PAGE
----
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Fri, 25 Sep 2020
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Earth Changes


Unusual Mediterranean cyclone 'Ianos' hits Western Greece

Medicane hits Greece
The rare cyclone Ianos 'hit' the islands of Zakynthos, Kefalonia, Ithaca on Thursday evening.

Greece's national meteorological service issued a top level Red Alert for winds, rain and storm conditions.

"We are preparing to face a rare extreme weather phenomenon," Deputy Civil Protection Minister Nikos Hardalias said, adding that citizens living in regions likely to be affected by the weather front should limit their movements to only those that are strictly necessary.

"Mediterranean cyclones are relatively rare phenomena, which we have encountered in Greece since 1995, but they have intensified and become more frequent in the Mediterranean region due to climate change," he added.

Comment: These medicanes are becoming part of the new normal, but not as a result of 'climate change' (formerly referred to as 'global warming' by the MSM). See main comment below.

The minister also called on the citizens of Achaia, Arcadia, the Argolid, Viotia (Boeotia), Etoloakarnania, Fokida, Attica and Evia, who live in areas that have flooded in the past or are near rivers, streams or shorelines, to avoid going in basements and ground floors for prolonged periods of time.

Comment: In Earth Changes and the Human-Cosmic Connection Pierre Lescaudron explicates the drivers behind wind vortices of all kinds:
The accumulation of cometary dust in the Earth's atmosphere plays an important role in the increase of tornadoes, cyclones, hurricanes and their associated rainfalls, snowfalls and lightning. To understand this mechanism we must first take into account the electric nature of hurricanes, tornadoes and cyclones, which are actually manifestations of the same electric phenomenon at different scales or levels of power. Because of this similarity, we will refer to these three phenomena collectively as 'air spirals' in the following discussion.

McCanney [in his book Planet-X, Comets and Earth Changes] describes the electric nature of hurricanes in these terms:
A simple model showed that these [tropical] storms formed when electrical currents connected between the ionosphere and the top of the clouds. [...] the reason hurricanes lost power when they approached land was that the powering electrical current from the ionosphere to the cloud tops and to the Earth's surface had no connection (anode) while over the ocean so it drew up vast surface areas of ionized air from the ocean surface and sucked them up a central column (the spinning vortex was caused by the moist air rising 'up the drain')  whereas the land provided a 'ground' for the current and therefore it shunted out the storm's power source. [...] I also calculated that the warm water theory for hurricane development lacked sufficient energy to account for the energy in these massive storms. We later witnessed hurricanes on Mars where there is no water at all. Clearly, the warm water concept did not work [...]1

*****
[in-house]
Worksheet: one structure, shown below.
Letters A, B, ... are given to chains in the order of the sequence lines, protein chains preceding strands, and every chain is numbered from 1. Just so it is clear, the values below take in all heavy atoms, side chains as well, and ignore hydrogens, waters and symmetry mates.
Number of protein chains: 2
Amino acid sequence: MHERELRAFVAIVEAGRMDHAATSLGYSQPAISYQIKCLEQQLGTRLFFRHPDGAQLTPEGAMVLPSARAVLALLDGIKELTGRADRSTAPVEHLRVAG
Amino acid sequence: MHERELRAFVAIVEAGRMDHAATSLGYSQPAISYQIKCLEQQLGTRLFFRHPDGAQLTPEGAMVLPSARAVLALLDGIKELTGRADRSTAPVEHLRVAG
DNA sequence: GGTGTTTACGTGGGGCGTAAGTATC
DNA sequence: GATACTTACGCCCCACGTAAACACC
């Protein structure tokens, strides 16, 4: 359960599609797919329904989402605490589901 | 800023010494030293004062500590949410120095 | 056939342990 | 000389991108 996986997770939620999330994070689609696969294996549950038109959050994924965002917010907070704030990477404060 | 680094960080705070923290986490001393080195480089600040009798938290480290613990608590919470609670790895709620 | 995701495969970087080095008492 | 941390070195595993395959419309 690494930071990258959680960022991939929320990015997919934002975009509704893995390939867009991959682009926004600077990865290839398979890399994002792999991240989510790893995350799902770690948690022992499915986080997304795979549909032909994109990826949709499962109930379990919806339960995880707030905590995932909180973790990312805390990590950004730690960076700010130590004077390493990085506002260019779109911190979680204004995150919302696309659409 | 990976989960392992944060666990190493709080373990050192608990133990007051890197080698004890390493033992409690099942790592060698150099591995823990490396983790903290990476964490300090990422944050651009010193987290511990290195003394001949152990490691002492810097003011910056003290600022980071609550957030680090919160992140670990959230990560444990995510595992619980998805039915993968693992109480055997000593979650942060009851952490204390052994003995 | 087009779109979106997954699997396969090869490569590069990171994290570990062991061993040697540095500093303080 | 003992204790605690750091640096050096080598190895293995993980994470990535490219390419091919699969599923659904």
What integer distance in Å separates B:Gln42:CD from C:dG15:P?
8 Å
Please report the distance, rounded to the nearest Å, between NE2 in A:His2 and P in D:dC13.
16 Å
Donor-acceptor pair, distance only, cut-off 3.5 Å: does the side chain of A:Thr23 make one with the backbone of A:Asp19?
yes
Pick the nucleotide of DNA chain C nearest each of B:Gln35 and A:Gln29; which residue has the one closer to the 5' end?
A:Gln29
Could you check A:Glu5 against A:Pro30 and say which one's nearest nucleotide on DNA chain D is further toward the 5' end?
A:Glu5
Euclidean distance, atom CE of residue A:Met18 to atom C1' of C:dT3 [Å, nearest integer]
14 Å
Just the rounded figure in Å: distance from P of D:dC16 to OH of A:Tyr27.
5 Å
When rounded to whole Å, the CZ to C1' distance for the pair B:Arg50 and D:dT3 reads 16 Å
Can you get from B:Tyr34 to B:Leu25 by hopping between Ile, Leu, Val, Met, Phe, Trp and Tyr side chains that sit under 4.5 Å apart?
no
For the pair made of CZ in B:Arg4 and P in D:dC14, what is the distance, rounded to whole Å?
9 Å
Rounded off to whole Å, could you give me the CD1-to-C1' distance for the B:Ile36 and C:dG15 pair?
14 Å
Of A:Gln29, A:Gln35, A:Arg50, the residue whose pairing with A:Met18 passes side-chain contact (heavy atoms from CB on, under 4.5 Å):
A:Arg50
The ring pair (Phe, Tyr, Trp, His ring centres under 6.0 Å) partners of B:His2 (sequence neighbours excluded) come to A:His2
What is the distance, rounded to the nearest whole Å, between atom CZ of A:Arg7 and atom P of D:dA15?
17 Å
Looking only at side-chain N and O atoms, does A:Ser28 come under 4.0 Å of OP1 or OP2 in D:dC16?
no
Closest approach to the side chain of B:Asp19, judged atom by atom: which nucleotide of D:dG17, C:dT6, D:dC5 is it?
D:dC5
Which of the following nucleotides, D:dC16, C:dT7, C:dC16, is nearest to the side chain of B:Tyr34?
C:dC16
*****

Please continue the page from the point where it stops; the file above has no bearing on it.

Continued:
From this perspective, air spirals are simply the manifestation of electric discharges between the ionosphere and the Earth's surface. The image above shows a waterspout and a lightning bolt occurring in the same place at the same time, suggesting that indeed electric potential difference between the clouds at the top of the picture and the ground at the bottom is what powers both the lightning and the tornado.This additional feature of dust particles - their ability to carry an electric charge - means that dust accumulation enables any given area of the atmosphere to carry potentially massive electric charges, which can differ from the charge of adjacent regions, from the charge of the ionosphere and from the charge of the Earth's surface.
See also: And check out SOTT radio's: Behind the Headlines: Earth changes in an electric universe: Is climate change really man-made?

Cloud Precipitation

25,000 affected by heavy rainfall, floods and landslides across Guatemala - 6 inches of rain in 24 hours

Heavy rain from 12 September 2020 triggered several landslides in Guatemala City, damaging homes
Heavy rain from 12 September 2020 triggered several landslides in Guatemala City, damaging homes.
Heavy rainfall has affected several departments of Guatemala since 12 September, causing flooding and landslides.

According to figures from Guatemala's meteorological agency INSIVUMEH, Yepocapa in Chimaltenango department recorded 154.9 mm of rain in 24 hours to 13 September. During the same period, Mazatenango in Suchitepéquez recorded 125.7 mm of rain, El Tigre in Peten 125.3 mm and La Aurora Airport in Guatemala City 76 mm.

In a statement of 16 September, the country's National Coordination System for Disaster Reduction (CONRED) said that over 25,000 people have been affected by floods, landslides or rain-related incidents. As of 16 September, 11 people were evacuated and over 100 homes damaged but no fatalities were reported.


Heavy snow and high winds shut down French ski resorts as Storm Eleanor reaches the Alps

A sign on the road to Les Menuires and Val Thorens reads
A sign on the road to Les Menuires and Val Thorens reads "Special equipment required"
Many resorts in the French Alps were only open for limited skiing on Thursday, and some were closed completely, as Storm Eleanor reached the mountains this week.

As well as high winds causing chairlifts and gondolas to be closed for safety reasons, heavy precipitation - both snow and rain - raised the avalanche warning to level 5, denoting the highest level of risk, in many French destinations.

The linked resorts of Tignes and Val d'Isère were among the worst affected. With the avalanche risk at 5, visitors to Tignes were asked to stay indoors until around 11am on Thursday morning until given the all-clear. The ski area for both resorts was closed all day, with no lifts running, and the road to Bourg St Maurice was closed until late afternoon.


351 sea turtles found dead in 6 months on coast where 137 sea lions died in Mexico

sea turtle

File pic
Environmental groups say a total of 351 loggerhead sea turtles have been found dead so far this year on the same stretch of Baja California coast where authorities found a total of 137 dead, beached sea lions last week.